If you are newly stuck at home with science-minded kids, or are just looking to add another website to your internet routine in this time of social distancing, here's a list of educational and productive science games that might come in handy. If you have a favorite that doesn't show up here, send me a link on Twitter and I will add it.
FoldIt: We wrote a great article outlining one of the major scientific discoveries made with this protein-folding game a few months ago. Try it yourself – there are even coronavirus puzzles that you can do, if you want to take out your stress on (a virtual copy of) the virus itself.
Zooniverse: This site has an enormous range of projects you can contribute to. You can do everything from helping scientists classify bird breeding behavior on NestCams, to identifying wildlife from camera trap photos as part of Snapshot Ruaha, to locating black holes on Radio Galaxy Zoo. There is truly something for everyone!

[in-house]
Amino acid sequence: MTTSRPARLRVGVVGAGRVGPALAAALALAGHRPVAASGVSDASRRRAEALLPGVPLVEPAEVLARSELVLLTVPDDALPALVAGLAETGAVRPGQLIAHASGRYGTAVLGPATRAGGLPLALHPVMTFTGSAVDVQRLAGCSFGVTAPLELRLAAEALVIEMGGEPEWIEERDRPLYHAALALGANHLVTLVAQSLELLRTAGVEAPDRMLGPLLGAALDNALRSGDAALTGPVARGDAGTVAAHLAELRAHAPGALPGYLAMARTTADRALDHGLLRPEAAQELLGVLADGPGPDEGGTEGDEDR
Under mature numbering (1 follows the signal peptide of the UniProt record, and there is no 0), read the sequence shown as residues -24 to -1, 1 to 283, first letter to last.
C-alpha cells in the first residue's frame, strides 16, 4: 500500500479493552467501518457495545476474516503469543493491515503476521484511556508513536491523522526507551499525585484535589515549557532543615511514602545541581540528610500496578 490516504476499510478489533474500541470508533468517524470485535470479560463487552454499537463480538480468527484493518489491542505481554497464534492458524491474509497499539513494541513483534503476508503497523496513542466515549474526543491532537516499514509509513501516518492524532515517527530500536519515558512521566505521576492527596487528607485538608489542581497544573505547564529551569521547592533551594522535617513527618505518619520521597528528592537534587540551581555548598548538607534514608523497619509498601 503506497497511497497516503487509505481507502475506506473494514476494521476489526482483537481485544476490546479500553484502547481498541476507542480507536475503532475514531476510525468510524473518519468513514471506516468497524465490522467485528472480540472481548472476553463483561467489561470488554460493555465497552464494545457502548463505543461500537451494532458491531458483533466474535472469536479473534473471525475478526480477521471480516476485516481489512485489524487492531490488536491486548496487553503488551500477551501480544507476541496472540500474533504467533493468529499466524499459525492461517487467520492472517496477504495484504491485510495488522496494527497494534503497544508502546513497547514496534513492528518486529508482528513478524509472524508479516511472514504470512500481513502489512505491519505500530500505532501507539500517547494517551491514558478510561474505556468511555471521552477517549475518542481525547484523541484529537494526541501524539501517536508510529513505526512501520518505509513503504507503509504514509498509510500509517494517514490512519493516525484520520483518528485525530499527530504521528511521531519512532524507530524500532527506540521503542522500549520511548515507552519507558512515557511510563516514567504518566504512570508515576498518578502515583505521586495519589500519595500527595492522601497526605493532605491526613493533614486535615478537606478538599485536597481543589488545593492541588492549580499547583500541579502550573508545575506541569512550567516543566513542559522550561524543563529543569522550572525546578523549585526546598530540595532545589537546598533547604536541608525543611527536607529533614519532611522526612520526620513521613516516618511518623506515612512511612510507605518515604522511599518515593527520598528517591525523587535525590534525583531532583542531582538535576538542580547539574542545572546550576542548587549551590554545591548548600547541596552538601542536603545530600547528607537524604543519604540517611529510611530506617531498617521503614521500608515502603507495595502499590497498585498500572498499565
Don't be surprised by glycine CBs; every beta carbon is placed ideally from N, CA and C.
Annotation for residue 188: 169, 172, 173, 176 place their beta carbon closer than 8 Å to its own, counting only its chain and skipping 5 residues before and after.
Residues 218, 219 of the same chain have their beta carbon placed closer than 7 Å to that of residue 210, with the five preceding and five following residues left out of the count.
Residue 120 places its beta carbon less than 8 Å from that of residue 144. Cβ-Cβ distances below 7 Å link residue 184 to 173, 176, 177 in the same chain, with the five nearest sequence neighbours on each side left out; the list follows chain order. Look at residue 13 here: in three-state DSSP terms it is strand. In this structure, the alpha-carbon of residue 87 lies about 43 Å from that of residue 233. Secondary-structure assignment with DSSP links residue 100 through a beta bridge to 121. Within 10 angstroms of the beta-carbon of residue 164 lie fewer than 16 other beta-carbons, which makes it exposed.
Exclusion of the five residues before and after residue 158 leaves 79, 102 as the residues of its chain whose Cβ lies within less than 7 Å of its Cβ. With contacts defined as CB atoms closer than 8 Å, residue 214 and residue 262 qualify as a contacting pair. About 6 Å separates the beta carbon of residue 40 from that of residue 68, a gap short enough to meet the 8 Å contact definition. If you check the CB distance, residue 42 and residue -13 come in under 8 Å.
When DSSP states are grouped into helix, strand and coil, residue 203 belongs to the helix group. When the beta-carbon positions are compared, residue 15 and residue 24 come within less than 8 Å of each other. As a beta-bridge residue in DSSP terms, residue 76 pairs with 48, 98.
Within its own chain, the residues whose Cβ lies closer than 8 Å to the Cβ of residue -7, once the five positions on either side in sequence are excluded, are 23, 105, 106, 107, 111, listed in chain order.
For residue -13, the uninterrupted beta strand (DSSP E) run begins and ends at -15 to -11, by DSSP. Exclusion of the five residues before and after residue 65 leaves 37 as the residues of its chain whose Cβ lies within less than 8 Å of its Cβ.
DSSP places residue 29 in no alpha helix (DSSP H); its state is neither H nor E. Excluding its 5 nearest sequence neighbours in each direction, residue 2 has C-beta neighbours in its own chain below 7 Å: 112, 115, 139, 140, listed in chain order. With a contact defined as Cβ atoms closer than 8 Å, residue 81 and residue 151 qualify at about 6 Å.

March Mammal Madness: The basketball version of March Madness has been canceled, but this animal-themed competition is still going. Although several battles have already been fought, it's not too late to fill out a bracket (assistant editor Max Levy is cheering for the Australian feral camel to win it all!). You can catch up on the competition and get some great science content — complete with references to peer-reviewed research — on the competition's Twitter feed.
Kerbal Space Program: This is co-founder Allan Lasser's pick. In this fictional game you are the leader of a space program for an alien race called the Kerbals, and you get to construct spacecraft, perform space experiments, and even make budgeting decisions for your organization (because funding science is important). This game would be great for kids who want to learn physics and astronomy alongside some real-life space scientists.
Eyewire: In this game, your goal is to map neurons in the brain. You are presented with a cross-section of a real brain map, and your job is to trace a neuron through that cross-section. Consortium member Dori Grijseels, who sent me this suggestion, calls it "weirdly addictive!" If you're interested in the science behind the game, here's a TED talk by the game's director.